The study of compressed hydrogen releases from high-pressure storage systems has practical application for hydrogen and fuel cell technologies. Such releases may occur either due to accidental damage to a storage tank, connecting piping, or due to failure of a pressure release device (PRD). Understanding hydrogen behavior during and after the unintended release from a high pressure storage device is important for development of appropriate hydrogen safety codes and standards and for the evaluation of risk mitigation requirements and technologies. In this paper, the natural and forced mixing and dispersion of hydrogen released from a high pressure tank into a partially enclosed compartment is investigated using analytical models. Simple models are developed to estimate the volumetric flow rate through a choked nozzle of a high pressure tank. The hydrogen released in the compartment is vented through buoyancy induced flow or through forced ventilation. The model is useful in understanding the important physical processes involved during the release and dispersion of hydrogen from a high pressure tank into a compartment with vents at multiple levels. Parametric studies are presented to identify the relative importance of various parameters such as diameter of the release port and air changes per hour (ACH) characteristic of the enclosure. Compartment overpressure as a function of the size of the release port is predicted. Conditions that can lead to major damage of the compartment due to overpressure are identified. Results of the analytical model indicate that the fastest way to reduce flammable levels of hydrogen concentration in a compartment is by blowing through the vents. Model predictions for forced ventilation are presented which show that it is feasible to effectively and rapidly reduce the flammable concentration of hydrogen in the compartment following the release of hydrogen from a high pressure tank.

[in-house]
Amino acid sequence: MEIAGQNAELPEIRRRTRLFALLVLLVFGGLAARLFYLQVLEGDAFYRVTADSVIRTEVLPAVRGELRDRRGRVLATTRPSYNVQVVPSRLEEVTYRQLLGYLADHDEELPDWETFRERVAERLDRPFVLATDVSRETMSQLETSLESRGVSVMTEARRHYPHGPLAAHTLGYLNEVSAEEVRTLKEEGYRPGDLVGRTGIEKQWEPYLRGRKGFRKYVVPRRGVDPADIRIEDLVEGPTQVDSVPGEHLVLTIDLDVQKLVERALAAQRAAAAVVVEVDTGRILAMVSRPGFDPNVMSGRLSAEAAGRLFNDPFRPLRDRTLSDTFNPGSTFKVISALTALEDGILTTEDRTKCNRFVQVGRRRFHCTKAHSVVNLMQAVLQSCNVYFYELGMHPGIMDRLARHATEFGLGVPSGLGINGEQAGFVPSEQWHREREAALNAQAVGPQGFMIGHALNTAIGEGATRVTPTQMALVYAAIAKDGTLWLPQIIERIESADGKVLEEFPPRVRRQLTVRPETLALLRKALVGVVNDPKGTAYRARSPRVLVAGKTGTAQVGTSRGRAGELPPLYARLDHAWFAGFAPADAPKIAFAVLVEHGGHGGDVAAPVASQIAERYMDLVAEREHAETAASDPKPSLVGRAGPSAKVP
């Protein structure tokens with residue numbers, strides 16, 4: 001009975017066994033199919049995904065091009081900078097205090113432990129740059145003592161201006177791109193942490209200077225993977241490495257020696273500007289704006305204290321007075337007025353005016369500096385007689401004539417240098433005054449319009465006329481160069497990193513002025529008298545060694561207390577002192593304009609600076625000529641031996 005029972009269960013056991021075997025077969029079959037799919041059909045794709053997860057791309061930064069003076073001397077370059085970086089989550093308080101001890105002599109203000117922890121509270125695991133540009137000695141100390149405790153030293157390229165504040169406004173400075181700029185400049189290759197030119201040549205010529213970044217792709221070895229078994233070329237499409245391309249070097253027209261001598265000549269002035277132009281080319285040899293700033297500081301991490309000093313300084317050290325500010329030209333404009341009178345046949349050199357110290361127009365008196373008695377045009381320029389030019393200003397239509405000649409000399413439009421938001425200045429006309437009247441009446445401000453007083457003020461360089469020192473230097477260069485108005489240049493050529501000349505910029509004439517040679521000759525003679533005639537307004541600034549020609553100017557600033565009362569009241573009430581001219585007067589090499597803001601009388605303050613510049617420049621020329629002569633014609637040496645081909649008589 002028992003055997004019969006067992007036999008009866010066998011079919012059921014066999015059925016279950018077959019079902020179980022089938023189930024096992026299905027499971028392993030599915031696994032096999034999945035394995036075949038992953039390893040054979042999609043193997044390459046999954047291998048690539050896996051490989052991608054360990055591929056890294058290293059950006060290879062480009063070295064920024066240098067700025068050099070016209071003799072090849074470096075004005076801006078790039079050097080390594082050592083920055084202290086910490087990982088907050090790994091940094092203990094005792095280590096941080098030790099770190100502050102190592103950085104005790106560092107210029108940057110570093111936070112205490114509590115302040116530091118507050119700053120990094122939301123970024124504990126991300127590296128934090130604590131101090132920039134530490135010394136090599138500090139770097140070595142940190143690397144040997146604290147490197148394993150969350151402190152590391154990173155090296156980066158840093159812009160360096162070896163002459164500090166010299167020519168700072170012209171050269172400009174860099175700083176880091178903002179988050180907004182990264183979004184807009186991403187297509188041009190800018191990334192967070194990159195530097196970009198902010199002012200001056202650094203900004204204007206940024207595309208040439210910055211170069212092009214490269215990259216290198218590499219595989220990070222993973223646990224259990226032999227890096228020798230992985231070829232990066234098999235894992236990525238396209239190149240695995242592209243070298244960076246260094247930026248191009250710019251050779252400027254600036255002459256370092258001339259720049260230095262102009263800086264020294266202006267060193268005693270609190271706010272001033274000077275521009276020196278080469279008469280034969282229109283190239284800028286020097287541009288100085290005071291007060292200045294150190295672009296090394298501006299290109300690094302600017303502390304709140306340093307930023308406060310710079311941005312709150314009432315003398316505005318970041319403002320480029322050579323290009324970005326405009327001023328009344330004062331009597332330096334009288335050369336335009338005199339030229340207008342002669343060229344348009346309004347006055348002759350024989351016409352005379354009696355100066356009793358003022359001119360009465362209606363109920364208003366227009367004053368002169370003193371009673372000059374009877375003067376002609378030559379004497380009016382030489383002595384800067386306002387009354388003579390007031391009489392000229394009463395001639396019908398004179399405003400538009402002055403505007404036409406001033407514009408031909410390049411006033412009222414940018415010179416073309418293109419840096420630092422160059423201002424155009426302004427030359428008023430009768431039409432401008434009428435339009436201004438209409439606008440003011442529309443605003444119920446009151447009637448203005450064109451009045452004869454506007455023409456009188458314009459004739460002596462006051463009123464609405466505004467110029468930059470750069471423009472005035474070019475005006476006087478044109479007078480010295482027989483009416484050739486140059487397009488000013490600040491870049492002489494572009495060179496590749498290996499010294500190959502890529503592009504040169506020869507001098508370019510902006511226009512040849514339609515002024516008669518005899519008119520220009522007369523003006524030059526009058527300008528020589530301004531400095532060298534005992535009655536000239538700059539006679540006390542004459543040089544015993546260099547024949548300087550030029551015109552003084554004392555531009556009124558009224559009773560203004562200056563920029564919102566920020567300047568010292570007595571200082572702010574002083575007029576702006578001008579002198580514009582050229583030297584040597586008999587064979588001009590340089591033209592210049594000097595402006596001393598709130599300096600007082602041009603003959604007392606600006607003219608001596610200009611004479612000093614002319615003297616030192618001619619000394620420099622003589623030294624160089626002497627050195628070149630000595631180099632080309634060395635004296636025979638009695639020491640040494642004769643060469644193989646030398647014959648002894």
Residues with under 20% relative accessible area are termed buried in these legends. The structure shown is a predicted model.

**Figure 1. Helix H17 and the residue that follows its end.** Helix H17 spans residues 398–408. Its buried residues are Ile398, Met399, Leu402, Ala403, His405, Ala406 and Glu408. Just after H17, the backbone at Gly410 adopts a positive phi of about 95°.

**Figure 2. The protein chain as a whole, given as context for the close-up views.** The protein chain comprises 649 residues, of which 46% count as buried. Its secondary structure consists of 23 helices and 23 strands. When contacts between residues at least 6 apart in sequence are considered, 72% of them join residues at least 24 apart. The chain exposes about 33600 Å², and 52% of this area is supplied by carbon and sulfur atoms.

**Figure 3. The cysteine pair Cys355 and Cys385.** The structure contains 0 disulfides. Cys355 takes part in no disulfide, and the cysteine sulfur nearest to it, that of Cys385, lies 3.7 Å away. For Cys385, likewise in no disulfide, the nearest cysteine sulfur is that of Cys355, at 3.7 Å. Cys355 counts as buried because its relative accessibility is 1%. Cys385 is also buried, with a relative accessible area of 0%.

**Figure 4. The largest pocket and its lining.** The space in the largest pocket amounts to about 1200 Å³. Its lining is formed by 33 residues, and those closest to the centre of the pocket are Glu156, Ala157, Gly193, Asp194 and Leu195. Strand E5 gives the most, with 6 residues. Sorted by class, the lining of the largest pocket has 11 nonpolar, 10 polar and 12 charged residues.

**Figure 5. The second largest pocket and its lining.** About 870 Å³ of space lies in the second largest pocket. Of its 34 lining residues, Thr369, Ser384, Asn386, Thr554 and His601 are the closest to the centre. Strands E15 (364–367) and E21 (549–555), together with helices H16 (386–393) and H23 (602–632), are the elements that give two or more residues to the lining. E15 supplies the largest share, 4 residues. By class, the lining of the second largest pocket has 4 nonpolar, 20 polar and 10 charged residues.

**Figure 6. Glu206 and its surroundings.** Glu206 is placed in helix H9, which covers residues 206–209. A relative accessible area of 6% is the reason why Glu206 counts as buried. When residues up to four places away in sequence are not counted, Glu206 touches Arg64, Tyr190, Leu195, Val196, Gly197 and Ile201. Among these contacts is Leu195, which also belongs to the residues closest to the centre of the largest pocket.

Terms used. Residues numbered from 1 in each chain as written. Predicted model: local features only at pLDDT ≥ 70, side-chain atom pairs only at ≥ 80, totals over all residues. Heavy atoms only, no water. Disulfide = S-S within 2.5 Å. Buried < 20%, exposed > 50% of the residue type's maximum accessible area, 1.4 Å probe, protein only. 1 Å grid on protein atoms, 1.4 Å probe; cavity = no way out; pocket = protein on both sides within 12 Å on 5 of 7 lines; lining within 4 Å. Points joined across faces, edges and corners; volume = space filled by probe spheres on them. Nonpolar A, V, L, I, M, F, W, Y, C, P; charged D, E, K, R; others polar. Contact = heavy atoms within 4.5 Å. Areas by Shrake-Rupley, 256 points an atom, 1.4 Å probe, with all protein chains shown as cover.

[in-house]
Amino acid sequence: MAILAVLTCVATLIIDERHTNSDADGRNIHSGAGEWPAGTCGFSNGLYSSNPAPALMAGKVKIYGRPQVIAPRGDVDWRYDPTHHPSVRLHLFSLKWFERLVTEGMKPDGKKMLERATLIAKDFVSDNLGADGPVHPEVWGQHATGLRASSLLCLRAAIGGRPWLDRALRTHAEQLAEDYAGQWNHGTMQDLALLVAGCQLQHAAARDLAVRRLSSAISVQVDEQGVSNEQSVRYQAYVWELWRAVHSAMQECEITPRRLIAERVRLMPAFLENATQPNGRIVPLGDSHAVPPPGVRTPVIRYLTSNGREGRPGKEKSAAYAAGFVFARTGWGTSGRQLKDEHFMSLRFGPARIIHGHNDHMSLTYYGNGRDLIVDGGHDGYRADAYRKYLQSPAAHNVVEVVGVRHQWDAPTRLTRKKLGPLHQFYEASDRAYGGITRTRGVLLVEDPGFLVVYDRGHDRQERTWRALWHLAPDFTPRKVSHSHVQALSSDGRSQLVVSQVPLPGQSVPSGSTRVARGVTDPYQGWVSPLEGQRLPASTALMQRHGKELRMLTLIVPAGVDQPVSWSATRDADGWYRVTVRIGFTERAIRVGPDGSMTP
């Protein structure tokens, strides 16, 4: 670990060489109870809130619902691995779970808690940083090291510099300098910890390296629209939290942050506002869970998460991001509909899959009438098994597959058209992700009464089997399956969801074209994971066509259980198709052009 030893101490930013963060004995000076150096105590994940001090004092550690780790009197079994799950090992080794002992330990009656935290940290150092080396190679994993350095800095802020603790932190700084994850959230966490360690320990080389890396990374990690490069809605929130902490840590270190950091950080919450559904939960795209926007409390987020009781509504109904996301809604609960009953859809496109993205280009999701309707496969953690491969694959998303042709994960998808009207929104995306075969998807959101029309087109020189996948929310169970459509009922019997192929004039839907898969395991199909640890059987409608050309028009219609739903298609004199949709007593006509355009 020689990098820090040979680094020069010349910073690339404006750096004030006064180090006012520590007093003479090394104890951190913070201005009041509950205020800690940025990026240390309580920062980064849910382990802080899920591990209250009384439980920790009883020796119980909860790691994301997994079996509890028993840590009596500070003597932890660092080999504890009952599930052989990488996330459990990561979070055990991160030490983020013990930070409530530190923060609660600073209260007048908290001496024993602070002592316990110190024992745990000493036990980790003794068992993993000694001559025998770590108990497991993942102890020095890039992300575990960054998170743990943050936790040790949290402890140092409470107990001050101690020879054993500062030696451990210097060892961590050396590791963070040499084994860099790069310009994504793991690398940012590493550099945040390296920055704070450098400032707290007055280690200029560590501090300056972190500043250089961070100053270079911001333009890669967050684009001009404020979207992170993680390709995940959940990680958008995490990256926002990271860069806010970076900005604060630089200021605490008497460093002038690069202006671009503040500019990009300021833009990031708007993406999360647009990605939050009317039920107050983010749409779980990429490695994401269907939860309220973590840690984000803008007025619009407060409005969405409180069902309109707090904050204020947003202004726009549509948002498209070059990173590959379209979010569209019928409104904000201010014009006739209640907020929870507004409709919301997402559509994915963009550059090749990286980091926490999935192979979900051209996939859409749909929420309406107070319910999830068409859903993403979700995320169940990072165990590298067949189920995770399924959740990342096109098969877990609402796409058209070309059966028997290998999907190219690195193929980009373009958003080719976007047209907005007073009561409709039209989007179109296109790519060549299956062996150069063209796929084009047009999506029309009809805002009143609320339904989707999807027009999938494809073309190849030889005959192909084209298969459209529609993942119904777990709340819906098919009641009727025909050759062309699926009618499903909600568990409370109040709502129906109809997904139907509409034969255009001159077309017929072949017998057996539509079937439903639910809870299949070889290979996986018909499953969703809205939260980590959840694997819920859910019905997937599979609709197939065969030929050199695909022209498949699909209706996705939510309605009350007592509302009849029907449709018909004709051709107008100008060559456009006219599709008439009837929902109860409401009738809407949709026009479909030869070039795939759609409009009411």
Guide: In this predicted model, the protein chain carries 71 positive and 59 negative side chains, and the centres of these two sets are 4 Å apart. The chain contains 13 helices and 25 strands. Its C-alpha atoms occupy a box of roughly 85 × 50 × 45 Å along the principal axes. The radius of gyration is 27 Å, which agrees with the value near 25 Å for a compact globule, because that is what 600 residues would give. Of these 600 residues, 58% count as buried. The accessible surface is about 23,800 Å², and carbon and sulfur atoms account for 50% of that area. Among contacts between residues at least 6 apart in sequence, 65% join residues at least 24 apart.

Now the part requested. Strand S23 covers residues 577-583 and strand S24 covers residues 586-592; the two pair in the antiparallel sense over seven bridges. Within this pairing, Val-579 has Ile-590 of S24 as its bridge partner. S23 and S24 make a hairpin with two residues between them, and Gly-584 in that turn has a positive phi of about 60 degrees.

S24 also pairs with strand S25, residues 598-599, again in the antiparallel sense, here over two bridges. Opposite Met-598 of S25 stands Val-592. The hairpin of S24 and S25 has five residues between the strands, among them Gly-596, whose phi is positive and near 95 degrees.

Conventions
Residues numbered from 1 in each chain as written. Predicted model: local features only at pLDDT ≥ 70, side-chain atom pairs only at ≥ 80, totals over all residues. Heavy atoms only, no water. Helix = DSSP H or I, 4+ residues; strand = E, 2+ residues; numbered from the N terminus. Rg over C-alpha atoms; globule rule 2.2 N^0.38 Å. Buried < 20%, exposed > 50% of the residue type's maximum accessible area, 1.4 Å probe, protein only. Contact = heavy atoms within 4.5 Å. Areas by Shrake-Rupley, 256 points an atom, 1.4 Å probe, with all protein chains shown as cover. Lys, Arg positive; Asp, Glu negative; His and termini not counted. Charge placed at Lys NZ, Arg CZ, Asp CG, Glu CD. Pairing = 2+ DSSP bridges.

Citation: International Journal of Hydrogen Energy
Pub Type: Journals
High Pressure Release, Dispersion, Hydrogen